top of page

The Kumbha Mela


Fifteen and a half million people, mostly Hindu pilgrims, collected on the banks of the Ganges River at Ahallabad. The year was 1977, and it was the Maha Kumbh Mela, a festival that happens only every twelve years.

Once I made my way to the plateau overlooking the mela grounds, I could hardly believe my eyes. Eventually, I walked down and into the crowds, walked for miles taking it all in. The Naga Babas, naked with matted hair, crouched beside the holy river to make sure they’d be the first to take the ceremonial bath each day. I saw a fellow who’d been buried up to his neck for nine days. He said hello in English as I passed. I saw a Baba with a withered arm since he’d held it aloft for many years.

There were elephants, horses, cows and, of course, dogs running all around. There was a spirit or a pervasive vibration, so to speak, of spirituality, of oneness. I watched the people, the animals, the life, and it occurred to me that I’d never see a spectacle to match the Kumbh Mela again in this life.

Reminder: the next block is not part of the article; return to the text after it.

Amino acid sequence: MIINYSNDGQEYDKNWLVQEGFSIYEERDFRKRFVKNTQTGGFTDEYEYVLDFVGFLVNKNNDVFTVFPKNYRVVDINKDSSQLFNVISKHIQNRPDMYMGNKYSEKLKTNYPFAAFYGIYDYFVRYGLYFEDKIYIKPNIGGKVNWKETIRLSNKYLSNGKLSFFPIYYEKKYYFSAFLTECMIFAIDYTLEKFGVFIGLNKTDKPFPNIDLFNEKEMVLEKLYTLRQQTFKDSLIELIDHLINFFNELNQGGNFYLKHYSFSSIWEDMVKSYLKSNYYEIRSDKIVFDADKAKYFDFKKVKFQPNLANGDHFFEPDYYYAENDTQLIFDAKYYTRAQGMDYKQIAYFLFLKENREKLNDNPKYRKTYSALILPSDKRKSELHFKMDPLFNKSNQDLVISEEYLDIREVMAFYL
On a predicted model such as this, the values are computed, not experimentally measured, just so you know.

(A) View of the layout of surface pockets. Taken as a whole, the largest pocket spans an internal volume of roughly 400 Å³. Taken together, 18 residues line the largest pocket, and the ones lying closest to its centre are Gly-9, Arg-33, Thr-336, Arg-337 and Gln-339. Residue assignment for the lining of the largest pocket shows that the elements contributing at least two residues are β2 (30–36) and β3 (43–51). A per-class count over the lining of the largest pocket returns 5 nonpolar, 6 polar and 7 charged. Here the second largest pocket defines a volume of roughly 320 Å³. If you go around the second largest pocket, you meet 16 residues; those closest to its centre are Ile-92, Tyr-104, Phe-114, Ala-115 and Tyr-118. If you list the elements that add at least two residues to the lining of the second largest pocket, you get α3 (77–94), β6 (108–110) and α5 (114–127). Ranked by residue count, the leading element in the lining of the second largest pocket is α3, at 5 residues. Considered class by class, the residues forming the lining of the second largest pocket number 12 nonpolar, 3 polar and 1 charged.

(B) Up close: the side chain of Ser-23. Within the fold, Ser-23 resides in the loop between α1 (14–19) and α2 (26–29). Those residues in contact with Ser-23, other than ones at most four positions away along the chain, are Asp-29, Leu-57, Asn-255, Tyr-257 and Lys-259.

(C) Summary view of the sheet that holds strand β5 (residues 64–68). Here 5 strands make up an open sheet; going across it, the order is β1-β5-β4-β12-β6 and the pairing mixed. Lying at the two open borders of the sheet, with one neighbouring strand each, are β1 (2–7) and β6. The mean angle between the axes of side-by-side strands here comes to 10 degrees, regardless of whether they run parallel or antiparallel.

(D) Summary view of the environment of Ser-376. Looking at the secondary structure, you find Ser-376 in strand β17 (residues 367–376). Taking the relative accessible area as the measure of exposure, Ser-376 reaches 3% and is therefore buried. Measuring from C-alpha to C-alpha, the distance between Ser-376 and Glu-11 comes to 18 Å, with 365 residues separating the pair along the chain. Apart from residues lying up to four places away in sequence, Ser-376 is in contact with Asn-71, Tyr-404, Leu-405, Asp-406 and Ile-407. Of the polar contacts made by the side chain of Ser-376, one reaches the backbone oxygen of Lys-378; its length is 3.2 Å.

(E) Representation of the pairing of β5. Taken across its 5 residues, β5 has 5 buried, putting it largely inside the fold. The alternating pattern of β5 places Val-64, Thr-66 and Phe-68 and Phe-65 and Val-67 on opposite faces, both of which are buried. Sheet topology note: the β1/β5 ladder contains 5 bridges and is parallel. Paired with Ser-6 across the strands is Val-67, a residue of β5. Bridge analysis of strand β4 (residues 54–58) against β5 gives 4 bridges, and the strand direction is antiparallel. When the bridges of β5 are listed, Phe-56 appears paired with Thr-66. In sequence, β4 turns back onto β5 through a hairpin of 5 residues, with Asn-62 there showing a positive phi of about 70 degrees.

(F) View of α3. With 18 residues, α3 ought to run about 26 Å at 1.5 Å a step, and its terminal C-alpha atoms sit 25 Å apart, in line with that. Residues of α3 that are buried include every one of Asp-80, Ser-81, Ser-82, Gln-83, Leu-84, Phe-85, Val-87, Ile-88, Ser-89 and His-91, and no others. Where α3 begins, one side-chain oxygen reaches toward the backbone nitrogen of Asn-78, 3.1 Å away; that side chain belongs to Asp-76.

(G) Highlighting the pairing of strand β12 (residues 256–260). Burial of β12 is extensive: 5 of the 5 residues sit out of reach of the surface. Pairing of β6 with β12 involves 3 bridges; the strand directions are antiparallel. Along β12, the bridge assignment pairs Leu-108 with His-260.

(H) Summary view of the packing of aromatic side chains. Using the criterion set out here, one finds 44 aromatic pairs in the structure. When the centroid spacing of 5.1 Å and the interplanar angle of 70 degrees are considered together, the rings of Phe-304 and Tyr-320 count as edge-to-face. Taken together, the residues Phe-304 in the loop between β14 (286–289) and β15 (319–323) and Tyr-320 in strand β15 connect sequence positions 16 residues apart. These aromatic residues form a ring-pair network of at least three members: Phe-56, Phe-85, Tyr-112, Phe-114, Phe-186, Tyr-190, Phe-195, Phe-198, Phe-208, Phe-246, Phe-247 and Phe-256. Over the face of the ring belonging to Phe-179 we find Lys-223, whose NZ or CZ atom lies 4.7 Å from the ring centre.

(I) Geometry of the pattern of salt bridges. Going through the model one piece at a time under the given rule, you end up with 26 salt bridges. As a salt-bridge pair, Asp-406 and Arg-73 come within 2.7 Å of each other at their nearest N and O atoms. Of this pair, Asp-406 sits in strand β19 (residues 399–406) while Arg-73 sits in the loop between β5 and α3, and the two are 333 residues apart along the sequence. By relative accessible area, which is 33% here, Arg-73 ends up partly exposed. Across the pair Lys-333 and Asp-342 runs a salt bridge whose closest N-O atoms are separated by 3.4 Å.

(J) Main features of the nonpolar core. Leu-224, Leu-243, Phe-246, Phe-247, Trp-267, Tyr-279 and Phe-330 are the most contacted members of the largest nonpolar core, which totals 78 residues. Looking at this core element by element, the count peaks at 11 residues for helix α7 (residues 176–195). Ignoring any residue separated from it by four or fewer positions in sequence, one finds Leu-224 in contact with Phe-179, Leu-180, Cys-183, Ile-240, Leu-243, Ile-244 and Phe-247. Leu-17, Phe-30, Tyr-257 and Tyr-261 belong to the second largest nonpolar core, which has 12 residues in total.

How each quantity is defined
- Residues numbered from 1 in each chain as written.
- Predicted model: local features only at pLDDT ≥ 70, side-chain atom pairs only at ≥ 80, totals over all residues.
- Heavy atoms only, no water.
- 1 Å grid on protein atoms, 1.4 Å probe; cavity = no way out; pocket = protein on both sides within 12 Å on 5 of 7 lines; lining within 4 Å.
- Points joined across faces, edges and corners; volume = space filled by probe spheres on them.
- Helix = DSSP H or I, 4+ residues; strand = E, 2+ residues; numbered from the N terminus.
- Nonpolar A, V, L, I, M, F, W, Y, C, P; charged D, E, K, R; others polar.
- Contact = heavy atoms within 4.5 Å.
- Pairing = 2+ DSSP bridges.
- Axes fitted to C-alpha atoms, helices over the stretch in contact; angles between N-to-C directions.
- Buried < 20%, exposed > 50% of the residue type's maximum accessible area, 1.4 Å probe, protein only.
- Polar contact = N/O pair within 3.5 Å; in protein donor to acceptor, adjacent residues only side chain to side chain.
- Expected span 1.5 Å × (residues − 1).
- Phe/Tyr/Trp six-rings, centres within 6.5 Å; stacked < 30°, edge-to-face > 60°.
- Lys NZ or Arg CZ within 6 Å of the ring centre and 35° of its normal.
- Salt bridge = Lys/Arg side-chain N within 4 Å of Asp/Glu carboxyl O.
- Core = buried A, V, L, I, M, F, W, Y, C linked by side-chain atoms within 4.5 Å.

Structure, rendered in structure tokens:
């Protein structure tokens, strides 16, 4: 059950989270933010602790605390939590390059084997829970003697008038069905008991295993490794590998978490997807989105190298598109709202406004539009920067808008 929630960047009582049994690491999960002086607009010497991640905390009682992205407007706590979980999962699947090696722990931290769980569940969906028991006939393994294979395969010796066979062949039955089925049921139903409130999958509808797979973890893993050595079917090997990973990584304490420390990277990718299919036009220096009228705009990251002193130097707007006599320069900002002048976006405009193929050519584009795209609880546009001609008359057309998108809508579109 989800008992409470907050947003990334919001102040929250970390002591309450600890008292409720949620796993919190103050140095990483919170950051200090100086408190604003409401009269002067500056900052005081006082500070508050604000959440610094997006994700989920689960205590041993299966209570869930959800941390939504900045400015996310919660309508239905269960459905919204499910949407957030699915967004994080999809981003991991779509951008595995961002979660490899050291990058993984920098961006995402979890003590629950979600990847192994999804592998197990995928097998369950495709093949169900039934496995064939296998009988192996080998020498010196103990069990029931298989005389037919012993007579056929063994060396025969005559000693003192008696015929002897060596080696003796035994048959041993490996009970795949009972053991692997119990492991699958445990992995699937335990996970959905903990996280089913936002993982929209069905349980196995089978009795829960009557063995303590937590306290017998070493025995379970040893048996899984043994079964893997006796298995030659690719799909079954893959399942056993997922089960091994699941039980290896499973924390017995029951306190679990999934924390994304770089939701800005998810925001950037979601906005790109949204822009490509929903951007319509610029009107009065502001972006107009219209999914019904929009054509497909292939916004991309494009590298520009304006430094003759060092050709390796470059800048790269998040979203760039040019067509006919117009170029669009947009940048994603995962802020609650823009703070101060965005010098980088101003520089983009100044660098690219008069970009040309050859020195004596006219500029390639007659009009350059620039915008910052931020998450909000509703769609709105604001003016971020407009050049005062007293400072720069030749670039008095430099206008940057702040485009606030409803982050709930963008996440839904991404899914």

It had rained hard the night before. So there was no dry place to sit and eventually, exhausted, I sort of plopped myself down right in the middle of a muddy path, leaned against a tent pole to rest, to meditate. If I fell asleep it was not any form of slumber I’d ever had before. But, when I awoke I found myself in the centre of a circle of yogis chanting mantras near a fire that lit up the night.

The peace in the camp of those yogis was palpable and so incredibly welcome. It was truly remarkable. They meditated, chanted, played their dotars, softly drummed and by the dawn a mist created a surreal and otherworldly effect. One of the yogis placed a bowl of curd and sweets in front of me that tasted as rich and wonderful as if it had come from a five-star hotel.

I’ve carried the memory of that night, the deep sense of peace, wellness, oneness, through all these years. Having been embraced so fully by complete strangers was profound. It was as if they were saying: "There’s no such thing as strangers, not really.”


By: Nathan Vanek

bottom of page